Fedefut missed a FIFA-imposed August 13 deadline to implement oversight guidelines and start the process of overturning the ban; the federation is now trying to get it extended until September 14, but if FIFA turns them down–or if they miss that deadline as well–Guatemala would be expelled from the world soccer body for at least two years.

“There are lots of individual interests that do not help the common good. We will pay a heavy price for the decision,” said Stuardo Ralon, lawyer for the resigned committee members, during a press conference. “Guatemala needs to fix its problems and approve the statutes.”

While politicians and football officials wrestle for power, fans and players suffer the effects of a demoralizing ban. For national team player Jean Marquez, it’s the leaders that are to blame. “Corruption has existed for a long time,” Marquez told Prensa Libre. “The directors only think about their personal gain, and not those of the group. Football has been pushed to one side and the situation looks complicated.”

FIFA

Carlos Ruiz looks on prior to a CONCACAF Gold Cup first round match against El Salvador on June 9, 2007. Photo by Stephen Dunn/Gettty Images.

Marquez isn’t the only one to point the finger at corrupt officials. One ex-player who has fought a long-running battle to bring change to Guatemalan football is Carlos “El Pescado” Ruiz, the all-time top scorer in World Cup qualifiers and former Major League Soccer (MLS) most valuable player. An outspoken figure who courted controversy as the players’ union rep, Ruiz, who did not respond to repeated requests for comment for this article, reportedly has his sights set on the Fedefut presidency.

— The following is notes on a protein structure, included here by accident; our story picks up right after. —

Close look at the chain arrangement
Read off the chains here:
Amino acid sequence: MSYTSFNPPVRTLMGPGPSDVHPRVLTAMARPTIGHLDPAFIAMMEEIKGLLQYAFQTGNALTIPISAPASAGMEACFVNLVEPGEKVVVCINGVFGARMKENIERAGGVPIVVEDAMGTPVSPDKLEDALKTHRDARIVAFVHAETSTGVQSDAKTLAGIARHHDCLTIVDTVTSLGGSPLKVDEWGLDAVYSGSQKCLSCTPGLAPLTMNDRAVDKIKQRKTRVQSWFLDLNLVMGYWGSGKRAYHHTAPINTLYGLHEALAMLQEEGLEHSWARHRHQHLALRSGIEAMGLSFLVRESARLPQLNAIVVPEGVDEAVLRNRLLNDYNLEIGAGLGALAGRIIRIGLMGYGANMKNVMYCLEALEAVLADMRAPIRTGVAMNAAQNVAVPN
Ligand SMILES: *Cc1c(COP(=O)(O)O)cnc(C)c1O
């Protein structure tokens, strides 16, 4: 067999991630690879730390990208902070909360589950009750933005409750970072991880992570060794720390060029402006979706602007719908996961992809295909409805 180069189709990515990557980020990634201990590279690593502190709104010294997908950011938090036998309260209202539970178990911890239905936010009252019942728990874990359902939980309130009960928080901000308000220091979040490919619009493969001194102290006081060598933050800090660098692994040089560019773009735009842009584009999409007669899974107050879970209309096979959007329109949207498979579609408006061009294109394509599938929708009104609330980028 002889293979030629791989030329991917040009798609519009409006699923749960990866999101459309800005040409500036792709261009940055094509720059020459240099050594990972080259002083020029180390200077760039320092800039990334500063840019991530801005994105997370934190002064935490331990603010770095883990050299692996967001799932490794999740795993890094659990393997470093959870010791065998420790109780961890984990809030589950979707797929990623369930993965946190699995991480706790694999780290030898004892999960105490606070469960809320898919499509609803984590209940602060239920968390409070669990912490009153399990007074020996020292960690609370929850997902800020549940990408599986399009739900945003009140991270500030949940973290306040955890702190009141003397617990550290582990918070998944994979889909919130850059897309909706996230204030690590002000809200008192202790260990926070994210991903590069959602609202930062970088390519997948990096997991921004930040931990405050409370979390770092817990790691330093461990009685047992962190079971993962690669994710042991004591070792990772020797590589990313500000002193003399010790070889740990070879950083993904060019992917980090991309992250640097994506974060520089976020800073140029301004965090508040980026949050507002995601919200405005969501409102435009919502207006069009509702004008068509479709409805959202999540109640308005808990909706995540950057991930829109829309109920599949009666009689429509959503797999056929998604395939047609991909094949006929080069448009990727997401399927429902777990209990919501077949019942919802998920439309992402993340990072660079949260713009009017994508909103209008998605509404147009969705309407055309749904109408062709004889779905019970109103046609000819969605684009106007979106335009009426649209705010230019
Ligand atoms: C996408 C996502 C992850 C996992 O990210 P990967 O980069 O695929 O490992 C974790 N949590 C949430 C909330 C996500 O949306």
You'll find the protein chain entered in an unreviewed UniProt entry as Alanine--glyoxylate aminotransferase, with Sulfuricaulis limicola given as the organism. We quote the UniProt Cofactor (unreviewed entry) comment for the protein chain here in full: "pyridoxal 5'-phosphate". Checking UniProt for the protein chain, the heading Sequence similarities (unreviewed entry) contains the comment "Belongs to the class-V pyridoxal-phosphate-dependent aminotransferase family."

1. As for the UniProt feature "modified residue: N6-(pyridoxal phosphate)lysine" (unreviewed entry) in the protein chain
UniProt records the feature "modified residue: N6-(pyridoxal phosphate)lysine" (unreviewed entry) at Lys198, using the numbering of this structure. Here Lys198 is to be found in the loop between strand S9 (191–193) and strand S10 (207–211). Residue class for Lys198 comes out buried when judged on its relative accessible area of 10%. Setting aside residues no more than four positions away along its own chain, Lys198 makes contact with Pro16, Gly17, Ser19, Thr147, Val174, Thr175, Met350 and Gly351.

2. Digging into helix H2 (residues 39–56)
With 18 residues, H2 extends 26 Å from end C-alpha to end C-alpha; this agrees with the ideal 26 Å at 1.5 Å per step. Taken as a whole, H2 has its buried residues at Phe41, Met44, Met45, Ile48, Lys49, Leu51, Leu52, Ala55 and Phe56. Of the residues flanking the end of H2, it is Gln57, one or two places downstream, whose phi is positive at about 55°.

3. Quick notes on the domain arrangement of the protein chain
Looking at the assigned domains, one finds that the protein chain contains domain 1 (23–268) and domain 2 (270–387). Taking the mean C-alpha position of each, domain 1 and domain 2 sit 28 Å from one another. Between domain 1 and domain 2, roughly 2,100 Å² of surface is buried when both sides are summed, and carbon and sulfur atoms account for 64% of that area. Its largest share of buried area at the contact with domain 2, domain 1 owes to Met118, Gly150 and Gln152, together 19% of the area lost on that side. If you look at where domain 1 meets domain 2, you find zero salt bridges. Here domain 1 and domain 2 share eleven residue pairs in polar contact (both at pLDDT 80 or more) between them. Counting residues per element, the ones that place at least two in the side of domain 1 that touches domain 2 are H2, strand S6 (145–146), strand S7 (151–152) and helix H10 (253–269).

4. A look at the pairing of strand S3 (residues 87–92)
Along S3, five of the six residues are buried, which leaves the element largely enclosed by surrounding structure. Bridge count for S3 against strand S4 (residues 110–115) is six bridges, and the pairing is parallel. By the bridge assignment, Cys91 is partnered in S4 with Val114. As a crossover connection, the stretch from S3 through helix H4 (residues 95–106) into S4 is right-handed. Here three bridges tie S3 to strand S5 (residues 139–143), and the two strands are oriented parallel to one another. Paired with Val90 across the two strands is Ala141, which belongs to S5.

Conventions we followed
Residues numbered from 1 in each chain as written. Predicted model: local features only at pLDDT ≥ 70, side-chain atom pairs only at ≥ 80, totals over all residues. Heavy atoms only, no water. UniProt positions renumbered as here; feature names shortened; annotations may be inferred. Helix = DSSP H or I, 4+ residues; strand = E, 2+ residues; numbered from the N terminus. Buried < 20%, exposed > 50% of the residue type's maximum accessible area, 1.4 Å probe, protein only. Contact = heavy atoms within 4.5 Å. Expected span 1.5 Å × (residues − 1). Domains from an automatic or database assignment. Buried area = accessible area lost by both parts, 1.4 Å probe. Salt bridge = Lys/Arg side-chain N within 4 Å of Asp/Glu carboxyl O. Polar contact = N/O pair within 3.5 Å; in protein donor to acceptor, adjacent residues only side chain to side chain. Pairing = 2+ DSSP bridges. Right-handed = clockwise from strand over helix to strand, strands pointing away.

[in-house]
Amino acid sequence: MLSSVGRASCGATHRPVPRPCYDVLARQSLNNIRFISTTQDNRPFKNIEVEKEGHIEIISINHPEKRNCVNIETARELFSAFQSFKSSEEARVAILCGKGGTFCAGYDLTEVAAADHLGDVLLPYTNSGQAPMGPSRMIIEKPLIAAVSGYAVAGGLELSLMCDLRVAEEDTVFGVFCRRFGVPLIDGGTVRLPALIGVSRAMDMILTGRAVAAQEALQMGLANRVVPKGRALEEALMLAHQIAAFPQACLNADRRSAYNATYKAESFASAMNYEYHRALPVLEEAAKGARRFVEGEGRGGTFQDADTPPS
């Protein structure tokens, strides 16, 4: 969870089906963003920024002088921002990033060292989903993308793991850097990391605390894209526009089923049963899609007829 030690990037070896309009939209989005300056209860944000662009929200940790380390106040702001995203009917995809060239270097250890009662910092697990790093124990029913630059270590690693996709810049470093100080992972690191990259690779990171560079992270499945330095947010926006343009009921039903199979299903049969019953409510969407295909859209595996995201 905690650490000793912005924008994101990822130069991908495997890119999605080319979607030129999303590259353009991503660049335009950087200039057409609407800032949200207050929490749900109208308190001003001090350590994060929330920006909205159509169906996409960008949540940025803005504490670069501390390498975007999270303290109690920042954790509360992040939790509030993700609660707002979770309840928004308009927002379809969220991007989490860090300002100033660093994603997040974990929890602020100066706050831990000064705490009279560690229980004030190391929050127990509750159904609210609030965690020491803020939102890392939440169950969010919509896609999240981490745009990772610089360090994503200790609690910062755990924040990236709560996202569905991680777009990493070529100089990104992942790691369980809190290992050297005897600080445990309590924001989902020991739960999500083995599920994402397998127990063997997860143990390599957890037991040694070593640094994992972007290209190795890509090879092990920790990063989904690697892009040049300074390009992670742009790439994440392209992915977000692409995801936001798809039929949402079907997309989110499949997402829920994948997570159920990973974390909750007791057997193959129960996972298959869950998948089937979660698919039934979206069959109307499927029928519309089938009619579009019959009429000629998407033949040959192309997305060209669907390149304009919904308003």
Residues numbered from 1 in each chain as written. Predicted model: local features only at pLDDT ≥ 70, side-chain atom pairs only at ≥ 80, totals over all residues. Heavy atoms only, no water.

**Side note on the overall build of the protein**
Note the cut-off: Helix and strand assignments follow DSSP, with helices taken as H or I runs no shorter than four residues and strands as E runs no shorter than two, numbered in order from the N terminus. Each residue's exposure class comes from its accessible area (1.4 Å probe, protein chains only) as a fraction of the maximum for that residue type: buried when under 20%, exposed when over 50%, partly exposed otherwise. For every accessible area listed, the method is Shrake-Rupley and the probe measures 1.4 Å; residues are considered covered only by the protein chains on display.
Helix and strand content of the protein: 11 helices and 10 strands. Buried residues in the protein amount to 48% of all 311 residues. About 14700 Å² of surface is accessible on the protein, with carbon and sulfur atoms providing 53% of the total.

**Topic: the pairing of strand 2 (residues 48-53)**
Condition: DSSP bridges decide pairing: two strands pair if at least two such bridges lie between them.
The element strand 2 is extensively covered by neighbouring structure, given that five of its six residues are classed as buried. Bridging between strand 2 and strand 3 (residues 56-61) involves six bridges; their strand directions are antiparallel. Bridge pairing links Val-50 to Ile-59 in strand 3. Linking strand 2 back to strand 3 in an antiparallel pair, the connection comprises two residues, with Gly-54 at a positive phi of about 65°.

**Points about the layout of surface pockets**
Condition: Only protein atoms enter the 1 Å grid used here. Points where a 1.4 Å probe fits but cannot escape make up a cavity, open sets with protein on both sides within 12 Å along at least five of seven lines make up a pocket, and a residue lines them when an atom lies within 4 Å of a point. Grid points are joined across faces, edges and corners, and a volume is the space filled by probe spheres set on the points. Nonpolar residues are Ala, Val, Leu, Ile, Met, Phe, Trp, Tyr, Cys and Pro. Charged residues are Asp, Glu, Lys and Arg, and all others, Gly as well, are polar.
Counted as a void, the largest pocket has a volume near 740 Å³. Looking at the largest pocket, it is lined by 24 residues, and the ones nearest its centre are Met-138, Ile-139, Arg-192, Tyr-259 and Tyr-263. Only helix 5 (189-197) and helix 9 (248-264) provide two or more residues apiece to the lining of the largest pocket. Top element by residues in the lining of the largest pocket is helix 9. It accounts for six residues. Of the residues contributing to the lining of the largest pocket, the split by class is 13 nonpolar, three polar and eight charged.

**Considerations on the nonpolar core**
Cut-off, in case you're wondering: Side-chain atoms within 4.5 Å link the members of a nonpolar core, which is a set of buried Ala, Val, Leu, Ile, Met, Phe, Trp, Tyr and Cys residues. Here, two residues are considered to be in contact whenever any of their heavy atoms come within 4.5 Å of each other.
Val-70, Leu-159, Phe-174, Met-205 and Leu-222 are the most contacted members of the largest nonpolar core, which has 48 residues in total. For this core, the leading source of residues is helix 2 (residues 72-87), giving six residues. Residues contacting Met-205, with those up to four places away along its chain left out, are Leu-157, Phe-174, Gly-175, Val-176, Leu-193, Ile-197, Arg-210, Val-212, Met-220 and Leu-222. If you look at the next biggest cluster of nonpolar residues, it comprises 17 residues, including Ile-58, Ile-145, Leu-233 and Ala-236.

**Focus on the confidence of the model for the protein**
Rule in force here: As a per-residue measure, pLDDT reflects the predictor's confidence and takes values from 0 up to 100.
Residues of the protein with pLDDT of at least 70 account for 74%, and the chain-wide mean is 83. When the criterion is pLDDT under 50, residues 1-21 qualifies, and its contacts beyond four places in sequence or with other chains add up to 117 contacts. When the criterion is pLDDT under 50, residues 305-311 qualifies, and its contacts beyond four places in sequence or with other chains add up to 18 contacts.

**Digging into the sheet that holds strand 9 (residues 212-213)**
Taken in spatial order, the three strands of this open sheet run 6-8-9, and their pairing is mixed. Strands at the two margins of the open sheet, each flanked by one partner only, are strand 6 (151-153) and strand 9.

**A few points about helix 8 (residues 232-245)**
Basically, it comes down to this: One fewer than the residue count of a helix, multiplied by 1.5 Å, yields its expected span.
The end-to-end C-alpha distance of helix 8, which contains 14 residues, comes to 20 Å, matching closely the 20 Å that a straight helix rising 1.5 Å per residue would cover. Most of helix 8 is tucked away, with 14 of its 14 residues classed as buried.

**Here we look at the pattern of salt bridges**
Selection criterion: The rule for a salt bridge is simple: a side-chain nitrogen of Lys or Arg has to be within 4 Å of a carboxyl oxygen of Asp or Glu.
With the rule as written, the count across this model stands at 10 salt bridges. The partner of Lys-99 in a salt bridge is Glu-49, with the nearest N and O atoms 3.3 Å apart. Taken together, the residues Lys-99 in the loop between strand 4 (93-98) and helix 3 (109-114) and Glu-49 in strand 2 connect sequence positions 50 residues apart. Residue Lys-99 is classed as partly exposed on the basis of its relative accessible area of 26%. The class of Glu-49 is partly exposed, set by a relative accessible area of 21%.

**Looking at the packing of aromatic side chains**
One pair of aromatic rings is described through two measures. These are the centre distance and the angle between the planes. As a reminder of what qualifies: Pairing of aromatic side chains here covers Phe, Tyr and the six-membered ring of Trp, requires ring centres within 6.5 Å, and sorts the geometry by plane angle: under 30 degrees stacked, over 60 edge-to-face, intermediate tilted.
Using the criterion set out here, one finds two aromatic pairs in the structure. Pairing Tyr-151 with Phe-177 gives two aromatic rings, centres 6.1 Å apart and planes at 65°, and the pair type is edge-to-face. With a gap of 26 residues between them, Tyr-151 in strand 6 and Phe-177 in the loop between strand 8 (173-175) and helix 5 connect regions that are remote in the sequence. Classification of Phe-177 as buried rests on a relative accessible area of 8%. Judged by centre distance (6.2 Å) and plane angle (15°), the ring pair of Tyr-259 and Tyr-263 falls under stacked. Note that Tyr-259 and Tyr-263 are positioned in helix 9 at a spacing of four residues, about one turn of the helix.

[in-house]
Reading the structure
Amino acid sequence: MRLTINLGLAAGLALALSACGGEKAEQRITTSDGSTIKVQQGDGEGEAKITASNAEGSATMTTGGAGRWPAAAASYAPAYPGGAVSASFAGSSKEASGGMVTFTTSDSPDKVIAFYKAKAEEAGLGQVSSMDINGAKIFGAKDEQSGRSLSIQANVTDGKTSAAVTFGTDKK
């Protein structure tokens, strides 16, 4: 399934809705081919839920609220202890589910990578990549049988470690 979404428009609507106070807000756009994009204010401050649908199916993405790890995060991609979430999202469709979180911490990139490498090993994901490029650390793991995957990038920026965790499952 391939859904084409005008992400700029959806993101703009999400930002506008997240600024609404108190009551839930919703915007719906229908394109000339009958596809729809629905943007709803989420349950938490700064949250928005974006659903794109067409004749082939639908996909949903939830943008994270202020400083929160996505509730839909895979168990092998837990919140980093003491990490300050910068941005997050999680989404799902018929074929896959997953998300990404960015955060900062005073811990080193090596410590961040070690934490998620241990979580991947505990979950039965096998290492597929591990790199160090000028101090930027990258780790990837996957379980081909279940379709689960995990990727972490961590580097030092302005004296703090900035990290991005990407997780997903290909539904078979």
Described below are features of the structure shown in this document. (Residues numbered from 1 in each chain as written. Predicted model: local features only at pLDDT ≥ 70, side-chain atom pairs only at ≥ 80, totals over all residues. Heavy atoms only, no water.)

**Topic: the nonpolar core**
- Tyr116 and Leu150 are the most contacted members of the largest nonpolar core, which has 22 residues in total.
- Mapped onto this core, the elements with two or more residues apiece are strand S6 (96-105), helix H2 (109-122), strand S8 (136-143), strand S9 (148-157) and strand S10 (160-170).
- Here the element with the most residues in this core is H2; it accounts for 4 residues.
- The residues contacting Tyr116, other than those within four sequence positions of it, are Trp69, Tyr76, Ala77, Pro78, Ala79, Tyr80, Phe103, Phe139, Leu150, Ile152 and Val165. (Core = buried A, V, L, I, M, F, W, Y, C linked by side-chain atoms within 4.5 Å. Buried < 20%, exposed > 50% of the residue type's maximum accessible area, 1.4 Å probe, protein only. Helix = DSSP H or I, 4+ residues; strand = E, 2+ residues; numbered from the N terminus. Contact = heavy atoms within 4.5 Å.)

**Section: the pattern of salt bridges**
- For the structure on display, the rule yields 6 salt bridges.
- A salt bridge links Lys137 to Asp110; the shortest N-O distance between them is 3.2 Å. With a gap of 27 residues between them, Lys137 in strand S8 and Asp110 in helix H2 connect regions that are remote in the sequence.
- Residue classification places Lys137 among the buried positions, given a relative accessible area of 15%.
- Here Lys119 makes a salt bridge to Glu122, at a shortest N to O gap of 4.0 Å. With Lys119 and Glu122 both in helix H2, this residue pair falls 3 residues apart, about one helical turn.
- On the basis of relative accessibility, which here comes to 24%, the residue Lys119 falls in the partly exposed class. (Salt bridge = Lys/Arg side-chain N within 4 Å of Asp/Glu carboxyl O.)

“It is complicated at this time to improve Guatemalan football if the federation does not have transparency,” Ruiz told ESPN last year. “I am going to fight for that transparency [as players’ union rep] and one day I hope to preside over the federation.”

“It seems like Guatemalan soccer is in its coffin, waiting for someone to read its last rites.”

Elections have been delayed again and again due to the ban, but Ruiz isn’t the only one aiming for the top job. Gerardo Paiz, director of the Guatemalan futsal program, has also been campaigning for the presidency. Ruiz has accused Paiz of running a smear campaign to prevent the former striker from becoming president, and believes that certain people want to halt his bid. “They know that if I make it [as president] there will be changes and they fear that because they’ve got used to the old ways of working, like it was under Brayan Jimenez,” said Ruiz in an interview with Prensa Libre.

Will Ruiz get to ring the changes as president of Fedefut, or will Paiz become the new top dog? Elections still haven’t been called, and uncertainty reigns. FIFA has since promised that further sanctions, including expulsion, could be implemented if the statutes are not put in place under an independent Fedefut committee. The situation looks bleak, and individual interests will have to be put aside if Guatemala is to be welcomed back into the fold.

“It seems like Guatemalan soccer is in its coffin, waiting for someone to read its last rites,” writes Fajardo. Perhaps Ruiz can shake things up if he can manage to become president; otherwise, the end could be near for the country’s soccer endeavors.